I want you to think about your product ecosystem in terms of five different components that all work together. One is attention products. These are products offered for free that pull prospects in and get their attention. This podcast is an attention product. Same with a blog, diagnostic quizzes, YouTube videos, and so on. Second, entry products. These are lower-cost products that allow customers to begin a relationship with you at relatively low risk and allow you to prove out the quality of your work. Third, are core products. A core product is your flagship offering that you're known for and that represents the bulk of your revenue. Fourth, are add-on products. These are products that layer on top of your core product, allowing you to customize it scalably for common subsegments of customers. And finally, fifth, are follow-on products. These are high-margin products that you offer to existing customers to extend and expand your relationship with them. Most of the product types I mentioned earlier could be used as any of these, or you could bring together multiple components to create a high-value packaged solution as your core product, for example.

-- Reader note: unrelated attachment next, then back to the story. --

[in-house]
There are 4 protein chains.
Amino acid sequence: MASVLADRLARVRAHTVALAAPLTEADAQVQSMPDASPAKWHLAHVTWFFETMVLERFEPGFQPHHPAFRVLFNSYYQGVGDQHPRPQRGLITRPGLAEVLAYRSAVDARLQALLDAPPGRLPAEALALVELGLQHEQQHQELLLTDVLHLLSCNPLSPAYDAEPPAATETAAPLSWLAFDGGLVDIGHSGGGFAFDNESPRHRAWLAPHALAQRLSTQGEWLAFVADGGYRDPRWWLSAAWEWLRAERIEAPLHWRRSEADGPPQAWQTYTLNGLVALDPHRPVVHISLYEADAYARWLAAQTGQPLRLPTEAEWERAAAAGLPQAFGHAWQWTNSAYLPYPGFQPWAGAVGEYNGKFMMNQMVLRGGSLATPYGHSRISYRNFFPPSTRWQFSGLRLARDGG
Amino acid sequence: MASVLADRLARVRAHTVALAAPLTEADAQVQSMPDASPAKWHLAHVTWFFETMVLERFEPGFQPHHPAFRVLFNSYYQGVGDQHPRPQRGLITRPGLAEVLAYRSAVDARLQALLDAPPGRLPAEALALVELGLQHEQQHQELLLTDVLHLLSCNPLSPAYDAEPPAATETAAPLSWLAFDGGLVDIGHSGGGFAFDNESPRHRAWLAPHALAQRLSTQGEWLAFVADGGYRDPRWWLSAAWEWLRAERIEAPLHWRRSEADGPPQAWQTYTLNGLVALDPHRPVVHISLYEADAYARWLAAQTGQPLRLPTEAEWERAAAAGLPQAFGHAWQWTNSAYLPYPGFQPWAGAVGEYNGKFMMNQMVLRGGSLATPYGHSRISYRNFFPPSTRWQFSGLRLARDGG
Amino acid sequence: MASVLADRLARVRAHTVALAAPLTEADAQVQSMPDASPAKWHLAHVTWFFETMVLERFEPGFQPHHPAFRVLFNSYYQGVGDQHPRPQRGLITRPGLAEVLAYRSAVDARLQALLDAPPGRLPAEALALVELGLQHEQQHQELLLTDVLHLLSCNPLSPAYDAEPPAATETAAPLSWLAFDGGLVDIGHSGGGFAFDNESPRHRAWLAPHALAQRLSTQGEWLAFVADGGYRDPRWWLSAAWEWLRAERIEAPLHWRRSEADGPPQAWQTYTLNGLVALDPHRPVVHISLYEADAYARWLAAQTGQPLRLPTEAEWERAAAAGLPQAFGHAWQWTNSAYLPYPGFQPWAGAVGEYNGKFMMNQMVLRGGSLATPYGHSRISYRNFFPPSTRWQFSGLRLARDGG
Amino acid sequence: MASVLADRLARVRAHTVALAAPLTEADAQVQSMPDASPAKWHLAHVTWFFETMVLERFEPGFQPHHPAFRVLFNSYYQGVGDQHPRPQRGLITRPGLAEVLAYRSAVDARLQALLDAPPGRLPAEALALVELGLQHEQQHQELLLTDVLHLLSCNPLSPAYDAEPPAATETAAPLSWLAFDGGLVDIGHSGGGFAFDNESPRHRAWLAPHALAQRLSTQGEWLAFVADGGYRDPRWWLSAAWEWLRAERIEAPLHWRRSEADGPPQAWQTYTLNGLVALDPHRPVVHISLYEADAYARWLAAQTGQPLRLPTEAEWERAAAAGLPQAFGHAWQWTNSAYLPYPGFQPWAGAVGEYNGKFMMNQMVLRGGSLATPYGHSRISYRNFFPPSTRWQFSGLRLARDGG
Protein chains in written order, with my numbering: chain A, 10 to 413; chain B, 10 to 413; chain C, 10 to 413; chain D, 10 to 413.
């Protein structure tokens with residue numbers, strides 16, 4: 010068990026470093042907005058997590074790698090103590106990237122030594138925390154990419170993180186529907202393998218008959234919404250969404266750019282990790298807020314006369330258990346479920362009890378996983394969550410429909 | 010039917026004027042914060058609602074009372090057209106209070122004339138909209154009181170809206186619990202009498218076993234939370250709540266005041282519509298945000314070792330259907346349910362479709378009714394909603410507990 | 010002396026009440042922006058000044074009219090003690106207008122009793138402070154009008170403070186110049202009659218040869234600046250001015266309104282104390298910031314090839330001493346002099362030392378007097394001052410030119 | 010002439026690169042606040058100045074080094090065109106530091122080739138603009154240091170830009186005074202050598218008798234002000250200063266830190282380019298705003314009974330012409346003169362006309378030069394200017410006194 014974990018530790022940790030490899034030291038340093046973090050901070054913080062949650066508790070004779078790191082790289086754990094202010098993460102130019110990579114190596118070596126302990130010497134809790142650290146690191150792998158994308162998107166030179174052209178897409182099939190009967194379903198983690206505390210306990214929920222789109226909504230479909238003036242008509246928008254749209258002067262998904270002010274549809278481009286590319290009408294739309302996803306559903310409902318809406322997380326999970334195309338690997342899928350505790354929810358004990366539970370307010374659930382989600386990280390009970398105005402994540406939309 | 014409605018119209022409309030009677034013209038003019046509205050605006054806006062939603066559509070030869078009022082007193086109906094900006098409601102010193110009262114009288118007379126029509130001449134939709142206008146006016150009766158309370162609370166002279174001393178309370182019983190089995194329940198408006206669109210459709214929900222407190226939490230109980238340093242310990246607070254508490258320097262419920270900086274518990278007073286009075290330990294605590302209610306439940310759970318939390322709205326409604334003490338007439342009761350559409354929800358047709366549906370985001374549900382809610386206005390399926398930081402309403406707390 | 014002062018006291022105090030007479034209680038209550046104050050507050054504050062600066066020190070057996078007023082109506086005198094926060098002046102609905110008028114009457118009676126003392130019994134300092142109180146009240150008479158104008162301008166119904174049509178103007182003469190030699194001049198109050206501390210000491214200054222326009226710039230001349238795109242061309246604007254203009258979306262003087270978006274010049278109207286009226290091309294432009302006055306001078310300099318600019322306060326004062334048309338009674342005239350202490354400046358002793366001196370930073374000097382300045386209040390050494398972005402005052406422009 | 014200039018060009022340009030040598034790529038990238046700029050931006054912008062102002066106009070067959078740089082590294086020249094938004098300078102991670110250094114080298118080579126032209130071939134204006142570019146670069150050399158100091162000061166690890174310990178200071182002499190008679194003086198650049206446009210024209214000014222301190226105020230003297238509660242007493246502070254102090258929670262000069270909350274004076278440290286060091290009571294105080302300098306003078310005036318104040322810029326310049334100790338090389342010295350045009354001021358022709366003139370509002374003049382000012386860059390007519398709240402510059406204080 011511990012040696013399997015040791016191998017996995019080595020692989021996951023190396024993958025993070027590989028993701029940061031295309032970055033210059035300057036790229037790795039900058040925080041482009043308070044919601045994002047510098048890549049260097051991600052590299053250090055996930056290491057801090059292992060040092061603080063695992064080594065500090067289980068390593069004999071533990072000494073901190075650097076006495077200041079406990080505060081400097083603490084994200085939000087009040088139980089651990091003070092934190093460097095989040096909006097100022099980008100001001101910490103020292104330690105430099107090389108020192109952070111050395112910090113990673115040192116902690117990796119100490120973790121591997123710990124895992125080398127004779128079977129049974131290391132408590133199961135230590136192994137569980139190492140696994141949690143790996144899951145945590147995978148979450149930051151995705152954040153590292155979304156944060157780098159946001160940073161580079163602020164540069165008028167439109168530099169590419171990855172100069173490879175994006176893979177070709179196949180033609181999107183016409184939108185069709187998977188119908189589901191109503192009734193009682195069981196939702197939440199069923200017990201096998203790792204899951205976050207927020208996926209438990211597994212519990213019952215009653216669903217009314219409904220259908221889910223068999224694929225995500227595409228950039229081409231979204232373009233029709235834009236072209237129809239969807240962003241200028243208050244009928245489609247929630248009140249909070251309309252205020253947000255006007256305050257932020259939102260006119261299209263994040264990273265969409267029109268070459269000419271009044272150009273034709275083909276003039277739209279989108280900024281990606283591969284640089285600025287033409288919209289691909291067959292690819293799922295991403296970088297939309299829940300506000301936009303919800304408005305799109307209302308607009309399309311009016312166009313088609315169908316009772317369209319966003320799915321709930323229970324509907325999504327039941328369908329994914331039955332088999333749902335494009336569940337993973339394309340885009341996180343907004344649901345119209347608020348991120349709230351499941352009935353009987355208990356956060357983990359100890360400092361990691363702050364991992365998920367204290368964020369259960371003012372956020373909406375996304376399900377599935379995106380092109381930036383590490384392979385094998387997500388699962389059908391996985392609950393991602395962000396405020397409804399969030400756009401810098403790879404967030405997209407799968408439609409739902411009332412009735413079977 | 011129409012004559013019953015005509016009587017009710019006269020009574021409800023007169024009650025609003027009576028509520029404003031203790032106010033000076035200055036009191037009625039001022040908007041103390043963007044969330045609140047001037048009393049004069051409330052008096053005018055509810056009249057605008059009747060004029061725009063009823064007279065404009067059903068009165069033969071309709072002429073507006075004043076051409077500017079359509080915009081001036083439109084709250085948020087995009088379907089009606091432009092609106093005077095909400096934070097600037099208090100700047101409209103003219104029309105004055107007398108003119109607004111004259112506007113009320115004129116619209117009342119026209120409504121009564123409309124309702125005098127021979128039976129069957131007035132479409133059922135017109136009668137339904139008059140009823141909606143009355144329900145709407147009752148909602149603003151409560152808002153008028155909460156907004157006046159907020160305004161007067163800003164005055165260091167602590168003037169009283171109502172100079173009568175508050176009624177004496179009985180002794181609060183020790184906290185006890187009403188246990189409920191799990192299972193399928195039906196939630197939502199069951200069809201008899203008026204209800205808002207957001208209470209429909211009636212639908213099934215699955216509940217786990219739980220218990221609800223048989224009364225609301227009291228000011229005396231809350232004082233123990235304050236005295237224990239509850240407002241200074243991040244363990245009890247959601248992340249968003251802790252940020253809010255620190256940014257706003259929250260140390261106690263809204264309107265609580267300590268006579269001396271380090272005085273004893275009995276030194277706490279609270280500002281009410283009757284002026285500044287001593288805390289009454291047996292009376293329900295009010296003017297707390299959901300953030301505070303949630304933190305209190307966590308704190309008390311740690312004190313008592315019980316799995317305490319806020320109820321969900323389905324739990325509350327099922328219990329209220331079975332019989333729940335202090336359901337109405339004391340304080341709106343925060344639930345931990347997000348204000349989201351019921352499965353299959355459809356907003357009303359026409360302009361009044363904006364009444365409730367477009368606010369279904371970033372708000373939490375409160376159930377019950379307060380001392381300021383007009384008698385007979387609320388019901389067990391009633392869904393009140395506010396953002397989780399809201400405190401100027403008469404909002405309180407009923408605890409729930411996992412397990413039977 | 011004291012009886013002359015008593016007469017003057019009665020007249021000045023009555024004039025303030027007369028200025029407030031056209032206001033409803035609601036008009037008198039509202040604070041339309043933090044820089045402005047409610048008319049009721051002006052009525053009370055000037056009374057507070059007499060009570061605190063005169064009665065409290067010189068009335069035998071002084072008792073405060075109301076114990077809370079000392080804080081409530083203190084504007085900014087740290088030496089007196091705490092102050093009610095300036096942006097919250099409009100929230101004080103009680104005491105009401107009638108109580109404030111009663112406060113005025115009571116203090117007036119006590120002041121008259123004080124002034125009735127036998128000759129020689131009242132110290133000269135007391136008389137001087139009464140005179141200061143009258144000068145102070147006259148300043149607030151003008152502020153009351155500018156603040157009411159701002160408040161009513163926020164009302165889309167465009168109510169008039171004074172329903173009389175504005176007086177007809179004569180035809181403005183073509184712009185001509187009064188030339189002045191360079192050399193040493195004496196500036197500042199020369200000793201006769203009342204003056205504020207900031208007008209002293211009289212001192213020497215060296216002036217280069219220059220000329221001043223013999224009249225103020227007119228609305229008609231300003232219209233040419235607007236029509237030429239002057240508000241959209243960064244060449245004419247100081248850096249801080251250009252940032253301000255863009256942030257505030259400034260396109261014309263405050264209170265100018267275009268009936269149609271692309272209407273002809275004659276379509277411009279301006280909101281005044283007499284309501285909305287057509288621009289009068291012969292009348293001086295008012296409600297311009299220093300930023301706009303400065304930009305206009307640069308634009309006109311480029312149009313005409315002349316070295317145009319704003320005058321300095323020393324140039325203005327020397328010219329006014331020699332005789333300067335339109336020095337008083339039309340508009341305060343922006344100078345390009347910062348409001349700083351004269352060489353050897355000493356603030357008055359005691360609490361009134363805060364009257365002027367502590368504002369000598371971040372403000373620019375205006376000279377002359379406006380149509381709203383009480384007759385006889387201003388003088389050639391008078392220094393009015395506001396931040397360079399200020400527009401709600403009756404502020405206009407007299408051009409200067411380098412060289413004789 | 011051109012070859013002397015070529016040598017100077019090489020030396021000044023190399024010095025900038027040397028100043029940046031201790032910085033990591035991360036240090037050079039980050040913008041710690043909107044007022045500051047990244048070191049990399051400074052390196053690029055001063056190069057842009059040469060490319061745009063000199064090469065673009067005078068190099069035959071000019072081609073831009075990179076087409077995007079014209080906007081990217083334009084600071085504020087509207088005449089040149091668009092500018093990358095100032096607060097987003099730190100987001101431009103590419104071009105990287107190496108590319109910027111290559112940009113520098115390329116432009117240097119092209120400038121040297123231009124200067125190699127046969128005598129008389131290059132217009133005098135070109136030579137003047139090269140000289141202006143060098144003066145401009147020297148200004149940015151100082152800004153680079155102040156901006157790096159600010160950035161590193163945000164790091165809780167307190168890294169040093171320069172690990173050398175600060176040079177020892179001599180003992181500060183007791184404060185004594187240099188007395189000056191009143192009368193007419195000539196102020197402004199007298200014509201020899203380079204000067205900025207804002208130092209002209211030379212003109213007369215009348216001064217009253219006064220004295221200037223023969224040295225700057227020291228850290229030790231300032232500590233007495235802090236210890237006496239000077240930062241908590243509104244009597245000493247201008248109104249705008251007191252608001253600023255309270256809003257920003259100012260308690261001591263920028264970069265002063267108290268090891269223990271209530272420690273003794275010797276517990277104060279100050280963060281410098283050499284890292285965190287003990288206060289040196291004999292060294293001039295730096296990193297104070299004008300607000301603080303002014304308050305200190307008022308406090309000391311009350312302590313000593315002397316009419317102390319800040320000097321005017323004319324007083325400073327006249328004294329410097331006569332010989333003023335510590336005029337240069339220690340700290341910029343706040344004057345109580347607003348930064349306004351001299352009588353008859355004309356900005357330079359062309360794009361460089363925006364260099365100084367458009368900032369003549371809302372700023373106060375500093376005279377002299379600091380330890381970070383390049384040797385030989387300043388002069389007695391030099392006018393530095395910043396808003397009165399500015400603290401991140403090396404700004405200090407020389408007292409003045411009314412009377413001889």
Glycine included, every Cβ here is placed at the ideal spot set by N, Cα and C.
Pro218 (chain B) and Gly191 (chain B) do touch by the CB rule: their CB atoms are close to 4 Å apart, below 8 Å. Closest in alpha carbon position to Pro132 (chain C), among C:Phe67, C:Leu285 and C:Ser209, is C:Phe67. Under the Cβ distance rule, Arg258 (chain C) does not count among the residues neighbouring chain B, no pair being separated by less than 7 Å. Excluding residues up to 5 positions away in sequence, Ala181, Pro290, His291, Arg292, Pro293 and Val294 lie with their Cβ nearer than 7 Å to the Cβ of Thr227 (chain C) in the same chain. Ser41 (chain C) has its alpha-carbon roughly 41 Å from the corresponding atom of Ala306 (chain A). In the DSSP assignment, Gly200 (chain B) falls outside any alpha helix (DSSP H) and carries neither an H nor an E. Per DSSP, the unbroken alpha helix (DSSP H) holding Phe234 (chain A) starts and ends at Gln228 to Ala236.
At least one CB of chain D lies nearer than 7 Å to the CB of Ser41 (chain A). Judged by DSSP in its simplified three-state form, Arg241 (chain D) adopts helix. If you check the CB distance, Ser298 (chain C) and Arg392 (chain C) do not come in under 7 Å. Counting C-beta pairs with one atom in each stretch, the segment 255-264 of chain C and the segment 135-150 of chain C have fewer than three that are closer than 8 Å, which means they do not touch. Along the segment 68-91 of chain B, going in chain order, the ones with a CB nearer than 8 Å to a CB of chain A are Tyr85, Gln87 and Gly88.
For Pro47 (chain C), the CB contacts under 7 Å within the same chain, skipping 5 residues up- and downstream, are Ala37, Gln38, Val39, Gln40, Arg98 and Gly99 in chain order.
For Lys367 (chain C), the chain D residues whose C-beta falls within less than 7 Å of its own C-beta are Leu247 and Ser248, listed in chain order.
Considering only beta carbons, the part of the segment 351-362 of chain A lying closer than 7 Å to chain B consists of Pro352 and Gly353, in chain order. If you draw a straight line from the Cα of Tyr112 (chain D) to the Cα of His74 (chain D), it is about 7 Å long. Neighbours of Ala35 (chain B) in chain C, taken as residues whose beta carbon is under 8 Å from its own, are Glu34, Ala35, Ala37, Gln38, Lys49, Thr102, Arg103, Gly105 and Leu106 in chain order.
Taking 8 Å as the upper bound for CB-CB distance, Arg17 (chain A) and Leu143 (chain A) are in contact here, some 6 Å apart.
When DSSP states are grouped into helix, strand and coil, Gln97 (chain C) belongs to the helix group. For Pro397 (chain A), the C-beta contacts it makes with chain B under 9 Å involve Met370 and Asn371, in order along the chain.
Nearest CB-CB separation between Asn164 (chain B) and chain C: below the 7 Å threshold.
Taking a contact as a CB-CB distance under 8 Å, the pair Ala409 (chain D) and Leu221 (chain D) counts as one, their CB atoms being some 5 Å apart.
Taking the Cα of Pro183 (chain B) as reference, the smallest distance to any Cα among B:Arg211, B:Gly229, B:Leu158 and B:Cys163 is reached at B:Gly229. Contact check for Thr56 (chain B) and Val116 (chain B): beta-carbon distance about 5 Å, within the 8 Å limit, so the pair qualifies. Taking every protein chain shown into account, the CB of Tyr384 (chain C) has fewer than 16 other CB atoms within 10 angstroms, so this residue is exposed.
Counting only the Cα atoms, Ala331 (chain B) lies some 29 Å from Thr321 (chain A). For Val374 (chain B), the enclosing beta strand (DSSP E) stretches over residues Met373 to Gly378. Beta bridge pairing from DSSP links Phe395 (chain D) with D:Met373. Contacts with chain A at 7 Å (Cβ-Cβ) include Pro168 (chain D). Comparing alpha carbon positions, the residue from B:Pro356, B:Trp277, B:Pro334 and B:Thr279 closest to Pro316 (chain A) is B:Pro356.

Scott A. MacMillan:

Now, at the beginning of this episode, I made a point of talking about how unlikely it is for an author to make a living directly from book sales. That was intentional, and I stick by that. However, it would be wrong to suggest that there's no way to do it. Of course, there is. Authors, nonfiction authors, entrepreneurs do it all the time. So I will present a strategy that focuses on monetizing your book directly through book sales. But I'm going to caveat in the following ways. First, realize that this is a long game. More to come on that. Second, know that it's a lot of work. Fine. Nobody here is afraid of hard work. And third, know that even with this strategy you would be wise to make it part of a broader monetization strategy using the other approaches we've already discussed. In fact, I recommend you start with one of those first and come to this one over time.